For gifted and talented adults, either those with especially high intelligence or a unique and advanced talent, the struggles are often hidden and misunderstood. It's hard for someone who is unfamiliar with the intense drive and focus of gifted individuals to fully understand your direction and your barriers.
Most of your life people have being telling you to slow down, to manage your expectations or to reflect on how far you've come, instead of looking only at the goals to be achieved. What most don't understand is how much you don't fit in with the norm and that your potential follows different rules. How can you ever truly achieve your full potential? How can you maintain your energy and mood in long term pursuits? How can you deal with failure when everyone assumes you will excel?
While many gifted individuals, particularly those with very high IQ, are extremely skilled at their core pursuits, many struggle to make connections or with seemingly more basic functions. The world is too slow and emotional. It is more efficient to make progress towards your plans alone. Many then struggle in careers which require collaboration, or taking direction from others in powerful positions. Particularly if these individuals have not earned their position in your eyes.
It might be difficult for others to understand why someone who is already achieving more than their peers can be frustrated with their progress in life. Or why small changes or decisions can drive you into a tailspin until they are resolved. Your frustrations and intensity may be causing you difficulties with maintaining your work or personal relationships.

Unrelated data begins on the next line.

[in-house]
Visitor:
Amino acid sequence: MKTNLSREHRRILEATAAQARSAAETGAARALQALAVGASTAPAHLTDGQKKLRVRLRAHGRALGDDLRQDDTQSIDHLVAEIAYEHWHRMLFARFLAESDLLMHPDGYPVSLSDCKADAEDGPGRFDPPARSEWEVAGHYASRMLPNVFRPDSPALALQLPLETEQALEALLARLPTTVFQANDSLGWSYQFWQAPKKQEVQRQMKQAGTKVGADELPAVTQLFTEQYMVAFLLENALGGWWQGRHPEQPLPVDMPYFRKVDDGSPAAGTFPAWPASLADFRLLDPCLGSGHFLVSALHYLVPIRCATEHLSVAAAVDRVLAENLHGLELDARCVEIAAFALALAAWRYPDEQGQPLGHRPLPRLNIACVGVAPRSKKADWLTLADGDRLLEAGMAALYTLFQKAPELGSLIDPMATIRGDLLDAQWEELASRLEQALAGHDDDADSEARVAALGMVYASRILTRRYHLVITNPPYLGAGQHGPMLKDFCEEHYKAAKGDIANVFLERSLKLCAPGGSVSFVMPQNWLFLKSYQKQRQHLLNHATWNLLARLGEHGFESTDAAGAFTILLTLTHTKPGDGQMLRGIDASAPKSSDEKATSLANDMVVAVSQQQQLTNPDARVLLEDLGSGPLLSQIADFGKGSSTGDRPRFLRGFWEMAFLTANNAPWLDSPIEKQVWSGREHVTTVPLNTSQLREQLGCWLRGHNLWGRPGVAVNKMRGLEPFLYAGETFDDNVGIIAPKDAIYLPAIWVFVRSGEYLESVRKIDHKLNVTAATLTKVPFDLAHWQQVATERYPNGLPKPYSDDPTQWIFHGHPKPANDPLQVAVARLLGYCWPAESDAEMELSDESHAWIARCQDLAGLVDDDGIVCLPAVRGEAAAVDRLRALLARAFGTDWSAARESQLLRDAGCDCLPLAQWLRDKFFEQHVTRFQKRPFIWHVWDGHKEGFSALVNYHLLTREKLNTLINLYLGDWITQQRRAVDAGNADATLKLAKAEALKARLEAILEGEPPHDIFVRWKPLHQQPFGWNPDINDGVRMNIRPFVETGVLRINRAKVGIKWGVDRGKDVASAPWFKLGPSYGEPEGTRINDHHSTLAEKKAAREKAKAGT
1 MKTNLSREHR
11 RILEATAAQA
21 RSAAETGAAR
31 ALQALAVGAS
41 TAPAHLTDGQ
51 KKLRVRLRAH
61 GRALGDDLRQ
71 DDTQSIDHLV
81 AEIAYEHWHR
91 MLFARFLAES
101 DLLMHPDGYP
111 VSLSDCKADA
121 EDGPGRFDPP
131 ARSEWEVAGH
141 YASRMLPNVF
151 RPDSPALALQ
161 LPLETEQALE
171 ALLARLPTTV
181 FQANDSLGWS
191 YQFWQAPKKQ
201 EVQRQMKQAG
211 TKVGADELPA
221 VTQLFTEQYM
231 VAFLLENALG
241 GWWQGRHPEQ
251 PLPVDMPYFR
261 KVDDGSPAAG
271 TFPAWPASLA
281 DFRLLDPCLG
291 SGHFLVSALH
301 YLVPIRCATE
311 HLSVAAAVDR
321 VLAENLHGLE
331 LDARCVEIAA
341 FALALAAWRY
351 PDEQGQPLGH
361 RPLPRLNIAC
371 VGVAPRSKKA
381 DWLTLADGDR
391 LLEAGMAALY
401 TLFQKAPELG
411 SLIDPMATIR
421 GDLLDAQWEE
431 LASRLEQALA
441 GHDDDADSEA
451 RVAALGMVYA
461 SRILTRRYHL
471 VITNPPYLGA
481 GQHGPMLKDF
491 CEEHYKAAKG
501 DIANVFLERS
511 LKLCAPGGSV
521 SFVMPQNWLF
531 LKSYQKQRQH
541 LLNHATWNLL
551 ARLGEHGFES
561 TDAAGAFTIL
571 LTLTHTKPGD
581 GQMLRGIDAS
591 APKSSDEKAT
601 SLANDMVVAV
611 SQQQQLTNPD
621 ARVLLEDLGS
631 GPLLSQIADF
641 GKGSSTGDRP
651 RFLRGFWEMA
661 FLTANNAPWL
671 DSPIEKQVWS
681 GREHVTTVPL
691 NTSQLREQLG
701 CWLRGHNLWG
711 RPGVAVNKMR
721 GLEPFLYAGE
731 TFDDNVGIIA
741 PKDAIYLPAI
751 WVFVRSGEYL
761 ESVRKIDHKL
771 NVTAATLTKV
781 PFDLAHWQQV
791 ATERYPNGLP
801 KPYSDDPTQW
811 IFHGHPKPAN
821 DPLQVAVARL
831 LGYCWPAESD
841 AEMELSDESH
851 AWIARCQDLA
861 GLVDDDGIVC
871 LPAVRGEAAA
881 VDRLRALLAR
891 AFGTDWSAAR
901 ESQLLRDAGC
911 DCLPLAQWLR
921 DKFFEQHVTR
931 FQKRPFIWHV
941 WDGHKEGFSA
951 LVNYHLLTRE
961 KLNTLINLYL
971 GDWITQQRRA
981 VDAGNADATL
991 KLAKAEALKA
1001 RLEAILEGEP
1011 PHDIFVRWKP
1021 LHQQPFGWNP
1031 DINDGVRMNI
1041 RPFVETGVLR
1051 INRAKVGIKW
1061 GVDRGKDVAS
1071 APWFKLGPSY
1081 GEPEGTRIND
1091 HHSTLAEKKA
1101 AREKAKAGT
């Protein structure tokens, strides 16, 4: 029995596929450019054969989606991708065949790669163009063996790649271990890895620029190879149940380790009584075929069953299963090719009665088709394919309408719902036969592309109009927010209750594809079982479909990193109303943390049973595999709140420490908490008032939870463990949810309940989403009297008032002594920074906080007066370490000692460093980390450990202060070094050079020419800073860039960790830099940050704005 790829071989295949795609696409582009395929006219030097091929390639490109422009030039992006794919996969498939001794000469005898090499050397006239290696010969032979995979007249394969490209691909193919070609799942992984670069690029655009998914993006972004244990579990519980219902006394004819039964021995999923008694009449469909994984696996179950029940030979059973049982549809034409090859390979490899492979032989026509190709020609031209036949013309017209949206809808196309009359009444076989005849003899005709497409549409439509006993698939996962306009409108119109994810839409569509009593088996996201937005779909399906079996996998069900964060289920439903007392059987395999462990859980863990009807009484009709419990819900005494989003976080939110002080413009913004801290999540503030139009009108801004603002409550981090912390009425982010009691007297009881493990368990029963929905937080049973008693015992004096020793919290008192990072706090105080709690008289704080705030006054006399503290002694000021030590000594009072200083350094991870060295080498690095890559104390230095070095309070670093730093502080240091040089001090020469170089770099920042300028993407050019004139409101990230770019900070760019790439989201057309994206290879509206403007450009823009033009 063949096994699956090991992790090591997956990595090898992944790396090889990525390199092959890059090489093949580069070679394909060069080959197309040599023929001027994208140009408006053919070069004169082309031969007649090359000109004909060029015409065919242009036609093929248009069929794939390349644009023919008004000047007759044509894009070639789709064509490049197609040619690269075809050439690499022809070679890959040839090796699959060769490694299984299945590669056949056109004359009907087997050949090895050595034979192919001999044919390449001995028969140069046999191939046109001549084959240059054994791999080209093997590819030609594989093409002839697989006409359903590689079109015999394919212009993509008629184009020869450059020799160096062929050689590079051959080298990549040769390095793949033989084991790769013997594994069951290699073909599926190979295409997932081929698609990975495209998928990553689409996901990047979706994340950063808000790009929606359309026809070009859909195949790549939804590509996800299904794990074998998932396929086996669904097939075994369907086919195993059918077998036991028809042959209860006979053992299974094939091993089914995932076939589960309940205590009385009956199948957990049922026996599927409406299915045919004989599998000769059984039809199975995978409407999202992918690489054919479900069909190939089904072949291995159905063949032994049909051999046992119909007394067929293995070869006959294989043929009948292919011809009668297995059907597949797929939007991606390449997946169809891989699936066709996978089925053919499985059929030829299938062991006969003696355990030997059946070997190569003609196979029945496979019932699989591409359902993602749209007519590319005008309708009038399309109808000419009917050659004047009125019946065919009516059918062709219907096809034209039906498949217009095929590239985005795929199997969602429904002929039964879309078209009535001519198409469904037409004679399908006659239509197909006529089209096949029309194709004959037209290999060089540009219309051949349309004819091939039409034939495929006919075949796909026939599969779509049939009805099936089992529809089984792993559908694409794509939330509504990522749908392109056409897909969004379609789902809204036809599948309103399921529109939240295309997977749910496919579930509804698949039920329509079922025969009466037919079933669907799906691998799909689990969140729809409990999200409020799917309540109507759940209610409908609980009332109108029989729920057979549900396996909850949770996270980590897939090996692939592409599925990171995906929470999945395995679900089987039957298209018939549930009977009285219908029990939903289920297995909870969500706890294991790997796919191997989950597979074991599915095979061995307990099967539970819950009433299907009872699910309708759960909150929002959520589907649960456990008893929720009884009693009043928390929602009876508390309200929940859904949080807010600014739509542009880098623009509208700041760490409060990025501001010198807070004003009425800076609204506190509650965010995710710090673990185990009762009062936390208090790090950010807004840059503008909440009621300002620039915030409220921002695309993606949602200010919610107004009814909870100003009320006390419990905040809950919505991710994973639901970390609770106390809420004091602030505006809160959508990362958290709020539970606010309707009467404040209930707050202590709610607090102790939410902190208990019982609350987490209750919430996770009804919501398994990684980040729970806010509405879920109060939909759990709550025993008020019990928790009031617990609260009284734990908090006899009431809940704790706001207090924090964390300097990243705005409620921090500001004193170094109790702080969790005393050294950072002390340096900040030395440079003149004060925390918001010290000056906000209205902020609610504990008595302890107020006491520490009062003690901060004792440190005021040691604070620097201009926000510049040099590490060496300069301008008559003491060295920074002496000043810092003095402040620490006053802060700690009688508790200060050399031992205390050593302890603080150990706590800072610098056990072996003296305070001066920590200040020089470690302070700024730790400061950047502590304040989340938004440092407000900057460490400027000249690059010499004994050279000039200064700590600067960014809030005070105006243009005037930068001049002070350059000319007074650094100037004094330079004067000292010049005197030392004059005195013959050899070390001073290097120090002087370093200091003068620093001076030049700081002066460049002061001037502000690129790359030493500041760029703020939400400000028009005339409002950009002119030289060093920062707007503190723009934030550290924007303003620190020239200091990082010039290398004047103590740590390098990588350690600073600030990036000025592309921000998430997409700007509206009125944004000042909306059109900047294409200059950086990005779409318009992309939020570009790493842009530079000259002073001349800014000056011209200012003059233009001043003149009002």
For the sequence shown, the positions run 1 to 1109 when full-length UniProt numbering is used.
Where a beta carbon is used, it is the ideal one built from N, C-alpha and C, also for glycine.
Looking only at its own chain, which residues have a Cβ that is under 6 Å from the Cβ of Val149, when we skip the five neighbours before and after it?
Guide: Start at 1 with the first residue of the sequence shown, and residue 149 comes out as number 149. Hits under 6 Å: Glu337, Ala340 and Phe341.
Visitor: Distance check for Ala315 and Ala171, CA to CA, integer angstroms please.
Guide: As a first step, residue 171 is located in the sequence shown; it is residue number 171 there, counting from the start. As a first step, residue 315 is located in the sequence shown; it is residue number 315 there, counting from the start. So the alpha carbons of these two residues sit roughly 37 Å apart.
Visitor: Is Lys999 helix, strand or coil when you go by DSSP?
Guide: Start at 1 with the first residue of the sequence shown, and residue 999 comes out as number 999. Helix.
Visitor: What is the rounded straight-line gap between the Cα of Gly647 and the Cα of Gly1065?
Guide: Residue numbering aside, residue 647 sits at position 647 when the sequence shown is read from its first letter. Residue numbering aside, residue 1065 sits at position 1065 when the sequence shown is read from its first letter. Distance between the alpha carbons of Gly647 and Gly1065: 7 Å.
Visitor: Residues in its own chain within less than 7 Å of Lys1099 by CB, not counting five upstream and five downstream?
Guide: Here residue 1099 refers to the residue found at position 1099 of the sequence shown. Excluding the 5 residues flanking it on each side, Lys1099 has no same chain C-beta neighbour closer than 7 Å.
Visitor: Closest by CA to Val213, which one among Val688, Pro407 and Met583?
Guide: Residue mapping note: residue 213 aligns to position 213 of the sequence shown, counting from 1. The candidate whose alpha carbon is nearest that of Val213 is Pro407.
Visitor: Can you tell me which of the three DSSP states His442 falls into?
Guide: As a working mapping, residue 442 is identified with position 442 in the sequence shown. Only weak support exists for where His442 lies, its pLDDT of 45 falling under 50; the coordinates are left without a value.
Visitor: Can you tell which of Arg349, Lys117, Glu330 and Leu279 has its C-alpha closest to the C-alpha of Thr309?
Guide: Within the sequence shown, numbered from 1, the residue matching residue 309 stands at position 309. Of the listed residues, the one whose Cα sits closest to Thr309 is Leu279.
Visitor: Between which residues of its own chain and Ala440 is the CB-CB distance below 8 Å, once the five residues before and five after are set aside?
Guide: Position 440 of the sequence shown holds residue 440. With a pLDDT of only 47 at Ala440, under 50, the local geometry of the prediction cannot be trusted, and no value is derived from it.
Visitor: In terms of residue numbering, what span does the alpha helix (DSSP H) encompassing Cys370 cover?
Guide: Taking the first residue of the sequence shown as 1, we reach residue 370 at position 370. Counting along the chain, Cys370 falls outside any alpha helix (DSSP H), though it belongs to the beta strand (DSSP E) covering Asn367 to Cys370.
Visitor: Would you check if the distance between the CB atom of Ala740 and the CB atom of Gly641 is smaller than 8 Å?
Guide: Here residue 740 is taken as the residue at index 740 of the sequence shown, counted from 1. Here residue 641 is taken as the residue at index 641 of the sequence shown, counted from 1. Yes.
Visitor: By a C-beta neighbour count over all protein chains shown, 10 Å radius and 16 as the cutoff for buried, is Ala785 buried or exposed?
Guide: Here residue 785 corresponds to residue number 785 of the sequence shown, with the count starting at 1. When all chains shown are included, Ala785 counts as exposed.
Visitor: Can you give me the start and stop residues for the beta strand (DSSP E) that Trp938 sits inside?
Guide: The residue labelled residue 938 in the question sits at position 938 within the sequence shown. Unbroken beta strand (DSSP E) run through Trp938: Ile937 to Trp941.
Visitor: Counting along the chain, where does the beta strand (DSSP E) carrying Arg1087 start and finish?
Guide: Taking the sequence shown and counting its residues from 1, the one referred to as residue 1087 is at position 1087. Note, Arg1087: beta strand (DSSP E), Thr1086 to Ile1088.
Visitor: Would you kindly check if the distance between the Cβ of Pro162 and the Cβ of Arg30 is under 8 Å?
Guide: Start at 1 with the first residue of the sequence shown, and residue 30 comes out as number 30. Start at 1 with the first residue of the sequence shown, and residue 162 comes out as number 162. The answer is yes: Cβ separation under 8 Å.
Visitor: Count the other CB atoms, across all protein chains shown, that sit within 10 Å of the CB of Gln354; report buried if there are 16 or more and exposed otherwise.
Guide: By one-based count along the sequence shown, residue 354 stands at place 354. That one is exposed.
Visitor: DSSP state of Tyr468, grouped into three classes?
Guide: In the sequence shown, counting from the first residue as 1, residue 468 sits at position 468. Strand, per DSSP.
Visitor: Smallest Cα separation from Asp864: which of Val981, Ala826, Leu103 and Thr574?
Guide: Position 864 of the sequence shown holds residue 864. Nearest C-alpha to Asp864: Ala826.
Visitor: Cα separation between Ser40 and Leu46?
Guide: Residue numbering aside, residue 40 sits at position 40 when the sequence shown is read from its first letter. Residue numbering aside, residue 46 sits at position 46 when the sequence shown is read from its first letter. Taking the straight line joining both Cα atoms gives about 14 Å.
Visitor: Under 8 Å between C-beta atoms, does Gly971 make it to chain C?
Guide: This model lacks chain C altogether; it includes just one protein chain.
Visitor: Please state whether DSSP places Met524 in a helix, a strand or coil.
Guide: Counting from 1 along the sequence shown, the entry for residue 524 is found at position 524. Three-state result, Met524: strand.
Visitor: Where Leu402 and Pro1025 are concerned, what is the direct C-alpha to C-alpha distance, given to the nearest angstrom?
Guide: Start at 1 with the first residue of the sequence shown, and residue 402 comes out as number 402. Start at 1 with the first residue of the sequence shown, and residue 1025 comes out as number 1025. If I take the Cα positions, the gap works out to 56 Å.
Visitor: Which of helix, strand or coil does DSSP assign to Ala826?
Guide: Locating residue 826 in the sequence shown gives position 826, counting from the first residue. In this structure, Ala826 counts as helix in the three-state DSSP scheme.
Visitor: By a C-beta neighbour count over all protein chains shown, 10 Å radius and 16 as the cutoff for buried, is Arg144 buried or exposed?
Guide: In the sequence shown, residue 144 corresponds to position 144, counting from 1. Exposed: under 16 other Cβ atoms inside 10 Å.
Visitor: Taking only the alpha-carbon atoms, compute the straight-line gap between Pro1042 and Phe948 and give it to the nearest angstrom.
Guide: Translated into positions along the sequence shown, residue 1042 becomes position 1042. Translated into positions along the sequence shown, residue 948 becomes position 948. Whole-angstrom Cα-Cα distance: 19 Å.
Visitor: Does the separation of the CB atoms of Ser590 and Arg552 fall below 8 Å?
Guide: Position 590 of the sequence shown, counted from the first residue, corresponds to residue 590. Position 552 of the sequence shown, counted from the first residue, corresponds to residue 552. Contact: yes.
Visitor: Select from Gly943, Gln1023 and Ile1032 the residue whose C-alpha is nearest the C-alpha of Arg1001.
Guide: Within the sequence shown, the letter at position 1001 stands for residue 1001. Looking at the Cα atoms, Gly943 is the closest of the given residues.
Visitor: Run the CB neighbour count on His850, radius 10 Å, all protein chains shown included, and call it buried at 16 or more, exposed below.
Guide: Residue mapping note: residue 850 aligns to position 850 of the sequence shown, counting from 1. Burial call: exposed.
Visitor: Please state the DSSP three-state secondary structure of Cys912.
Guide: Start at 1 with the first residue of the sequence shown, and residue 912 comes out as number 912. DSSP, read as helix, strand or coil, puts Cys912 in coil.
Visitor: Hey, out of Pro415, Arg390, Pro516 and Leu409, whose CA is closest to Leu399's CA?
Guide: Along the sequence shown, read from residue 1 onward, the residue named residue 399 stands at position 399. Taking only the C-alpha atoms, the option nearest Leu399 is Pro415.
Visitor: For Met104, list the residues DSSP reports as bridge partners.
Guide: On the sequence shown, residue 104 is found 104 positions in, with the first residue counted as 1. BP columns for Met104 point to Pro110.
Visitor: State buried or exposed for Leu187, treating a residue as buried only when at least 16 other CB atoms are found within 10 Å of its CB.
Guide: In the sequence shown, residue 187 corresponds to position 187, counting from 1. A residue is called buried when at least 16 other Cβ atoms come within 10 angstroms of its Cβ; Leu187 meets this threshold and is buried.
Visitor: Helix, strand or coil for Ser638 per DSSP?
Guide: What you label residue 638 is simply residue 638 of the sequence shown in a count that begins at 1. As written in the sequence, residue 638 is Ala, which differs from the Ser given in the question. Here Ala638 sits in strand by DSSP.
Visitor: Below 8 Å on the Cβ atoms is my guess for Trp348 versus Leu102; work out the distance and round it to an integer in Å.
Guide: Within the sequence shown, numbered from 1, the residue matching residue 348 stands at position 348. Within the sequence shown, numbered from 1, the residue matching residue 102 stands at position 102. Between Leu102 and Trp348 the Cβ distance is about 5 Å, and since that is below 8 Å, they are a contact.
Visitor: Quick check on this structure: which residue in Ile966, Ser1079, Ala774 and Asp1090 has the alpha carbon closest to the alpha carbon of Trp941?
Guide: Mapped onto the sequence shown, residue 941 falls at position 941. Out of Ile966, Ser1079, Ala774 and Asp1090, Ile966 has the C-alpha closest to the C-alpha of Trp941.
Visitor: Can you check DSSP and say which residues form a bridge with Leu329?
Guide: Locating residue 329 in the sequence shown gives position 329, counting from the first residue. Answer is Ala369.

Either way, if you feel we can help you, please get in touch.
Growing up Gifted
Gifted children may receive support and encouragement when they are young, but what happens when you grow up? Getting used to excelling in everything you do with little work can cause a crisis at university or early career, where different skills and experiences are required.
Receiving so much adoration as a child, then transitioning to a study or work environment which treats you like everyone else can be challenging to many.
Getting used to being good at things can take its toll. Things come easy to you, and if you succeed you're meeting expectations, but if you perform as most others would you experience this as a failure.
The first time this happens it can crush you. Your own disappointment coupled with the reactions from others could lead to you hiding from challenges and even giving up on these ambitions altogether. Fear of this happening may even stop you from exploring new fields.
Gifted children, despite their many talents and abilities, don't have higher career success than everyone else. This is because many struggle to translate their potential into reality.
Struggles with structure and rules in certain industries, having to work through the ranks of a profession, and lack of recognition leads many to limit their opportunities. Others might be looking at several fields and cannot decide which is the most appropriate for them.
Most gifted individuals struggle with interpersonal relationships; especially with groups of people outside of their comfort zone. Drawn to logical fields such as academia, science or computing; many find comfort in limiting the need to socialise with others.
However, some eventually find they are lonely and misunderstood. Often feeling like you need to 'dilute' how intense you are in conversations. The need to find people who share your interests, speed of thought and interaction to accept you as you are can grow into significant problems if not addressed. You are unique, but not alone.